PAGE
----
March forth

Pretty good start to a book:

Here’s how the Penguin translation warms us up:

I’ve found both editions of The Persian Expedition to be a bit of a slog. I do enjoy a work based on Xenophon, 1979 film The Warriors, which begins with a summons from Cyrus.

Here’s what Benet has to say in his Reader’s Encylopedia:

(Two Benet brothers won the Pulitzer Prize in poetry!)

Xenophon was pals with Socrates, and wrote a book about horsemanship and one about hunting with dogs.

historians disagree on whether his nose was actually like that

The Greek verb exelauno, meaning “to march forth,” occurs frequently in Xenophon.



Struck once on a visit to London by the power of the monument to Viscount Slim, at St. Paul’s:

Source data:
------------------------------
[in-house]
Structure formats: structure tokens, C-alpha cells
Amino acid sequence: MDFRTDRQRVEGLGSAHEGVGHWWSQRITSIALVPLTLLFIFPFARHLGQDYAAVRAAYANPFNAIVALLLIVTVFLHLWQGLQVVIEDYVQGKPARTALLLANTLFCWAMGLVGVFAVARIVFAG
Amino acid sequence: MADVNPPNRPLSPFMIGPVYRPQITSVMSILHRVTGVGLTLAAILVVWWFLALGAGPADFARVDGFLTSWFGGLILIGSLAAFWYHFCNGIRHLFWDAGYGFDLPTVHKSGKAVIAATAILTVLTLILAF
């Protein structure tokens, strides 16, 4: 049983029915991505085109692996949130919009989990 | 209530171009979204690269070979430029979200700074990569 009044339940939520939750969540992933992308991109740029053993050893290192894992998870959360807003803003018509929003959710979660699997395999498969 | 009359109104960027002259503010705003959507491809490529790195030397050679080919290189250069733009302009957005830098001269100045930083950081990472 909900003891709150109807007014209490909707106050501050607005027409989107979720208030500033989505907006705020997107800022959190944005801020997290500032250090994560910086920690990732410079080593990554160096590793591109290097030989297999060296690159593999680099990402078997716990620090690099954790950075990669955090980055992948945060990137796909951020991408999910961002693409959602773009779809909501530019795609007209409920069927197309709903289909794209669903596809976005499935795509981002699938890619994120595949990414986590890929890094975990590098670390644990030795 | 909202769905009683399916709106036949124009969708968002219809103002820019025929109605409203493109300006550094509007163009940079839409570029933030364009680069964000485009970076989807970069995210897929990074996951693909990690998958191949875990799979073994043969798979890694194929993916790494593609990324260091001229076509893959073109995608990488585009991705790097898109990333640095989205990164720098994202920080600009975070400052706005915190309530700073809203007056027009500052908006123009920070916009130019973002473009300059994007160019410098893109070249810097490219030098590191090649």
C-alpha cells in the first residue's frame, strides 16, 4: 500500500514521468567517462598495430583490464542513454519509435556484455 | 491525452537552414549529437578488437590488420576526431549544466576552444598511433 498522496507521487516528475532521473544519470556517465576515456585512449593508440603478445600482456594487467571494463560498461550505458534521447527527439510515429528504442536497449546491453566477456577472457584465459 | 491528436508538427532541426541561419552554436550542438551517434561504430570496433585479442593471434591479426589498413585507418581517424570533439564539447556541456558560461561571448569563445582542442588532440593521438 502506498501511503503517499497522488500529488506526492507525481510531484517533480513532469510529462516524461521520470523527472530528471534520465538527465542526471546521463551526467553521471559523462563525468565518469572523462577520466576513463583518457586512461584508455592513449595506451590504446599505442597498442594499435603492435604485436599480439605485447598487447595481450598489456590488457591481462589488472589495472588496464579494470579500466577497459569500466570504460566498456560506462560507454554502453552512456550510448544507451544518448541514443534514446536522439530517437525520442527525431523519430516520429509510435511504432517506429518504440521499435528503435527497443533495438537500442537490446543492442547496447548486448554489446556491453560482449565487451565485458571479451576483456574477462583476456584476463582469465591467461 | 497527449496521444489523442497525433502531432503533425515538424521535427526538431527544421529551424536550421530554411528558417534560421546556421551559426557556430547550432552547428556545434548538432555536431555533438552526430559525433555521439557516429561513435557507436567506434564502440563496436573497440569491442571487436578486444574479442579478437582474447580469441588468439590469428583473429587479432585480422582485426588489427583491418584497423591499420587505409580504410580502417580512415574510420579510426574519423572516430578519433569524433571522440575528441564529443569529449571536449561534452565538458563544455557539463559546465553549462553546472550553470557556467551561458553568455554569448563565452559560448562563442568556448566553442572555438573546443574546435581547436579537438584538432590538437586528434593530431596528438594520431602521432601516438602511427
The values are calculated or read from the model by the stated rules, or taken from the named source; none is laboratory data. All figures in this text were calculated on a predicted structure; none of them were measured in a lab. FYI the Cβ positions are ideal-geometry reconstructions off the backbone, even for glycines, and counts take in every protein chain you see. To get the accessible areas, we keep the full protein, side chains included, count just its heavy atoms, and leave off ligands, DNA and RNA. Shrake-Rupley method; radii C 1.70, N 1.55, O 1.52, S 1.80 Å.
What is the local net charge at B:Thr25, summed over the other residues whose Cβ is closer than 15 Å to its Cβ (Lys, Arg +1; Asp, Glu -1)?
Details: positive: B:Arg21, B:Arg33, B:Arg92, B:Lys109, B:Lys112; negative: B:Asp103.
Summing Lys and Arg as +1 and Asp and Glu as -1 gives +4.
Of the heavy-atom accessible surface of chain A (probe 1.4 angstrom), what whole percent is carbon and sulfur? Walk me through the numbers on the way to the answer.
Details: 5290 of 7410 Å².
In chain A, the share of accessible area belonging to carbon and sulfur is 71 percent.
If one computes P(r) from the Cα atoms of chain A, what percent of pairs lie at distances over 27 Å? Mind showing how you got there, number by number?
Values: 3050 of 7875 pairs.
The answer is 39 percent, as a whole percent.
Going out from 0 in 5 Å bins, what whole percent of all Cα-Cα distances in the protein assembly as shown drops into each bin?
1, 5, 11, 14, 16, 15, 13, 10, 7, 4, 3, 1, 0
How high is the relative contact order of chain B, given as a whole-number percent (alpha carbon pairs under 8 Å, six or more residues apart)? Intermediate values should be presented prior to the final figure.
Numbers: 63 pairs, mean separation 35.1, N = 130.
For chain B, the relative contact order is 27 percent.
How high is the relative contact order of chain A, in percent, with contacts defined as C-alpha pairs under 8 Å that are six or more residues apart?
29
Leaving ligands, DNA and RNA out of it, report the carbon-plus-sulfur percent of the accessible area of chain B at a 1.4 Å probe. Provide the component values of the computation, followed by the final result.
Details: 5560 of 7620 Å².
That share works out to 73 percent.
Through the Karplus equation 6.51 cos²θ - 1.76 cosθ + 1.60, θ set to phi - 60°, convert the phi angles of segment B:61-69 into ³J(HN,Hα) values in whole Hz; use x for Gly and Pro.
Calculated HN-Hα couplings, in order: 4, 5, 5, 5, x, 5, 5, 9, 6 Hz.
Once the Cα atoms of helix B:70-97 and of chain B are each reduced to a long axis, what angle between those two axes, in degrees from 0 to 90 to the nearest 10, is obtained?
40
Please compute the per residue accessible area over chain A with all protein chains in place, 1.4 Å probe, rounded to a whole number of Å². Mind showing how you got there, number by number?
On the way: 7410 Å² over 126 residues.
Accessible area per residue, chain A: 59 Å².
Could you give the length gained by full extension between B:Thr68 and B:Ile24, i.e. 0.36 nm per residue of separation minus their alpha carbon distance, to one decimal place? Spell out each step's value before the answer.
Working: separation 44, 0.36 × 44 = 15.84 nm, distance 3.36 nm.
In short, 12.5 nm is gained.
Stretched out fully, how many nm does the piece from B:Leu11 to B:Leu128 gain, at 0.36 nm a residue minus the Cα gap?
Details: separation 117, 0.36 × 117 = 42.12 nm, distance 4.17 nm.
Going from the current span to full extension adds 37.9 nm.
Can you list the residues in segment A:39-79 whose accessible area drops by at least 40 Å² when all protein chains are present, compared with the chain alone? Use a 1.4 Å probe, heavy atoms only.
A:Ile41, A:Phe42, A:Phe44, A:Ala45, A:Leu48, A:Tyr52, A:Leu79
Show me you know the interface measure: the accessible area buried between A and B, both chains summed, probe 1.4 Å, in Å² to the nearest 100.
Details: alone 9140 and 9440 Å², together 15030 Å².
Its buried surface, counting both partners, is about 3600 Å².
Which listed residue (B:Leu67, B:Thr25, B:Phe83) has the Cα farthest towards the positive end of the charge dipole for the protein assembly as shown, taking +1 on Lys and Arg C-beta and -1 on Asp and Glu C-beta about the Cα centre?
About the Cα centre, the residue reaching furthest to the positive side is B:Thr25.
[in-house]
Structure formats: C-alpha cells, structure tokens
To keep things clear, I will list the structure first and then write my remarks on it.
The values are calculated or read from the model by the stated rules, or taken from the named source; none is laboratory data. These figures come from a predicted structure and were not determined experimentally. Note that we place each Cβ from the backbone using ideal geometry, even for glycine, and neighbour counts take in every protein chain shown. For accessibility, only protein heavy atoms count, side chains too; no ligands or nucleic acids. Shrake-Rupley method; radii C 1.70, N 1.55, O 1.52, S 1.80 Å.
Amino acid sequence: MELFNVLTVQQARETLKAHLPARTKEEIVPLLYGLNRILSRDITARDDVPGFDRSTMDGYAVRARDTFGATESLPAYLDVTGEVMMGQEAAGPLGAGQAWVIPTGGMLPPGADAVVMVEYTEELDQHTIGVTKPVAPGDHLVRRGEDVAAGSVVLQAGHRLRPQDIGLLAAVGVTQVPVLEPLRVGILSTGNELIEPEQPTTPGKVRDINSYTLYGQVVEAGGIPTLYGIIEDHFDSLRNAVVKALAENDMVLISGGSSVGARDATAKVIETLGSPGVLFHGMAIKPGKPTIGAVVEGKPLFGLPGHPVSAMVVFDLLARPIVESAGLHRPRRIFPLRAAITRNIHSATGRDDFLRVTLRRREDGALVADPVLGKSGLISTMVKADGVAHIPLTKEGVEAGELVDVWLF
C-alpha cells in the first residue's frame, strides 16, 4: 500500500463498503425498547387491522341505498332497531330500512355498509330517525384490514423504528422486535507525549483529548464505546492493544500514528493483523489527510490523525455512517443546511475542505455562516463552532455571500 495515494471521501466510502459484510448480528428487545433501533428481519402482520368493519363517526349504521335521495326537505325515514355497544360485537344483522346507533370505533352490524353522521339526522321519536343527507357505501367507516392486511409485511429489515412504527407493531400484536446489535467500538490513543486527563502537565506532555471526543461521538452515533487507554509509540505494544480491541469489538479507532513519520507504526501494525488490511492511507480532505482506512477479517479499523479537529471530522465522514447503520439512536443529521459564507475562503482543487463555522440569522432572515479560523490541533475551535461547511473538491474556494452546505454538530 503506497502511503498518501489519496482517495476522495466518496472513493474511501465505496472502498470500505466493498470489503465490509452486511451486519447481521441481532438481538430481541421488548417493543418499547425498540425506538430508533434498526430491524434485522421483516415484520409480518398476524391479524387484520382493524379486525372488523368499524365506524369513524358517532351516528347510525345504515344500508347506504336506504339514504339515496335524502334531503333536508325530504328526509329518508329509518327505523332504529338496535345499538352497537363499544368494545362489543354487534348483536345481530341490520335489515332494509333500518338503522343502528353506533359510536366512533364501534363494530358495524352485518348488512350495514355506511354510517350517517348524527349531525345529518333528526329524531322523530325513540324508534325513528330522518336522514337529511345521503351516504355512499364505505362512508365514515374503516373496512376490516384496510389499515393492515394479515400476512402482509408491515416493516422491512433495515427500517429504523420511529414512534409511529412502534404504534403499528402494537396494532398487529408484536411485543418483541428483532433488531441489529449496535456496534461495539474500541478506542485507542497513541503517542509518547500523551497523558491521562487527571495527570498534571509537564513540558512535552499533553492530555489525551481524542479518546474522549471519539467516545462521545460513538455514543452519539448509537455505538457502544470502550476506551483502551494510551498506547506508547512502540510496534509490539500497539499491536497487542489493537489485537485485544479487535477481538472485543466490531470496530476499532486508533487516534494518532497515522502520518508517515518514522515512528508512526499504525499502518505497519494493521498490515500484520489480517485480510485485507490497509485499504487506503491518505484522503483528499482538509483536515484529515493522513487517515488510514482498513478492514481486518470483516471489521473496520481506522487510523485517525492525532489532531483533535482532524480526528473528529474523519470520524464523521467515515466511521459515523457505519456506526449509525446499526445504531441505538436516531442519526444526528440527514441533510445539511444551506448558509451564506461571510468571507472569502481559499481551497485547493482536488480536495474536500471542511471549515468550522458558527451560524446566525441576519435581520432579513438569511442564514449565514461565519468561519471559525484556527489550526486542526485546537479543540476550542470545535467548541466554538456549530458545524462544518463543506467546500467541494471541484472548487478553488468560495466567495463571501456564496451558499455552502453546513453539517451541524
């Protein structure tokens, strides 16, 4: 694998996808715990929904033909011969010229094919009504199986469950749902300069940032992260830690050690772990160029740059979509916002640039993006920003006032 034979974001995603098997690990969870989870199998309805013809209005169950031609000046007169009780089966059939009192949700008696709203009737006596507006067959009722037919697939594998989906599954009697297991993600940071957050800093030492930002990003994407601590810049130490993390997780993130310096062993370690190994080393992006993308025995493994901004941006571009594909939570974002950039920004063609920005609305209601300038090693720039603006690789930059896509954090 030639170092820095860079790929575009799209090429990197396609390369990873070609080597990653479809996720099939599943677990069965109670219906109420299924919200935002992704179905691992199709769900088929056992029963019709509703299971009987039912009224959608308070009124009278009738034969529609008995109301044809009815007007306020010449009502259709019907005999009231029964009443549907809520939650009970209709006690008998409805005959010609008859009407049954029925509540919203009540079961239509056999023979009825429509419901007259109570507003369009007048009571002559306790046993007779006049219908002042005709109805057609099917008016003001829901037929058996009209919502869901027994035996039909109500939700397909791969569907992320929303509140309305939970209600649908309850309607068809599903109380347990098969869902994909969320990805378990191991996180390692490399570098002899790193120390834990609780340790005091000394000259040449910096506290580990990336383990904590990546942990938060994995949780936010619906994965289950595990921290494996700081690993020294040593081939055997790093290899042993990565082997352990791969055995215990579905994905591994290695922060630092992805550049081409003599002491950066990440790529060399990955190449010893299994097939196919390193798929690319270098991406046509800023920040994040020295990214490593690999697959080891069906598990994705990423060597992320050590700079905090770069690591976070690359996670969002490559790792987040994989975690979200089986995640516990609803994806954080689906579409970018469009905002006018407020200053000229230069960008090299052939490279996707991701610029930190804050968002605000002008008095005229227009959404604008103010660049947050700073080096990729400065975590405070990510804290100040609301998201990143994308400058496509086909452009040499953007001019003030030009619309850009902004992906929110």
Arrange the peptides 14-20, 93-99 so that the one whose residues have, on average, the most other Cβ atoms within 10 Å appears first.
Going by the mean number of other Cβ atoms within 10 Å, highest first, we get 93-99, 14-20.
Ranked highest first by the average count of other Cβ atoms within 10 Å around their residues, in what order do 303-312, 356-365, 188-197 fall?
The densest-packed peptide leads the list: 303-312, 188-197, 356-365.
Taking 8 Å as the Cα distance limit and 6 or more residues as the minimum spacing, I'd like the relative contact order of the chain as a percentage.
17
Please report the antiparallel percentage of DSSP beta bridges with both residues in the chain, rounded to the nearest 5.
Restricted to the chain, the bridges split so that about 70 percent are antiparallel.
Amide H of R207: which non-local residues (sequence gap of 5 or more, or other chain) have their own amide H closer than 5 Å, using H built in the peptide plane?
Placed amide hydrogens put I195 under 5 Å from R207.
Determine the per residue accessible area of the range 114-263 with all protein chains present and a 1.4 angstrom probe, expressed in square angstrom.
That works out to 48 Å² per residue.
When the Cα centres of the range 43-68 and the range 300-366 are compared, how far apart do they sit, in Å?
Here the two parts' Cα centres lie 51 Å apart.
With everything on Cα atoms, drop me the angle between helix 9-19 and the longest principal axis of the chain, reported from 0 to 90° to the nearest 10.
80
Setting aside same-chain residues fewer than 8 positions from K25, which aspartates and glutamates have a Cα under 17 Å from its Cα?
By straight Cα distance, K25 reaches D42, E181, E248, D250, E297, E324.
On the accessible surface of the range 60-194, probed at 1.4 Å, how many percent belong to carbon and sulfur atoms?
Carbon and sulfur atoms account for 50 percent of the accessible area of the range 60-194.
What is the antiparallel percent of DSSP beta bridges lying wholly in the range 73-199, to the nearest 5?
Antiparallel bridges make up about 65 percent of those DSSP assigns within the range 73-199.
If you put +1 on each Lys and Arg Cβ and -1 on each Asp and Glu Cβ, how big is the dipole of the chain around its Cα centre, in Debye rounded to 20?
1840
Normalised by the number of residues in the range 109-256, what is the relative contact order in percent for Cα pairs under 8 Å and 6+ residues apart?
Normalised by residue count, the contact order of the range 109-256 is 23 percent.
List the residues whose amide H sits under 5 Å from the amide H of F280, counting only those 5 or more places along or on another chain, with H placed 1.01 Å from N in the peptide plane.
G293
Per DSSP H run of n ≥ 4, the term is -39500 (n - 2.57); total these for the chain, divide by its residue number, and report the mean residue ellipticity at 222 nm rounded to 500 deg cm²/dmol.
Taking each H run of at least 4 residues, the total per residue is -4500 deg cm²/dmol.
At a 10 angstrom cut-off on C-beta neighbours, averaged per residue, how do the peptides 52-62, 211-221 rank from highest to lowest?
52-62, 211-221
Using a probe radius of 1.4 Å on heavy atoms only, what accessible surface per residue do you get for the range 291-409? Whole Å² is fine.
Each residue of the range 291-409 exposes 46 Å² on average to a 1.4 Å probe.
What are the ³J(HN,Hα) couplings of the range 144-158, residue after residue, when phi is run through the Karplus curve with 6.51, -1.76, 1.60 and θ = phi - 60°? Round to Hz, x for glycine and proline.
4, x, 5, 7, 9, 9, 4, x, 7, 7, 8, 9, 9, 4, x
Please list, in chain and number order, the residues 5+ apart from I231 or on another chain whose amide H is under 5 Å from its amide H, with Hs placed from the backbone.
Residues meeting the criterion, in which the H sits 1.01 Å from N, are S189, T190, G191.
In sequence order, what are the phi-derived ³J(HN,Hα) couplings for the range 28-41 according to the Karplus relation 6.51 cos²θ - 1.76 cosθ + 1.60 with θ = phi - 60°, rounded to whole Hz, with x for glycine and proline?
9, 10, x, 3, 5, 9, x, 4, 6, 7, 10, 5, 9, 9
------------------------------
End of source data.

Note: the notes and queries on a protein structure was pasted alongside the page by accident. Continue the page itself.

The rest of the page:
Slim’s book gets a good place on my shelf:


Because I want a daily reminder of his attitude:

George MacDonald Fraser, later author of The Flashman Papers series of novels, then a nineteen-year-old lance corporal, recalled:

But the biggest boost to morale was the burly man who came to talk to the assembled battalion … it was unforgettable. Slim was like that: the only man I’ve ever seen who had a force that came out of him… British soldiers don’t love their commanders much less worship them; Fourteenth Army trusted Slim and thought of him as one of themselves, and perhaps his real secret was that the feeling was mutual.

Let us remember things have been dark before.  When it comes to the pinch human beings are heroic, said Orwell (worth checking out the context).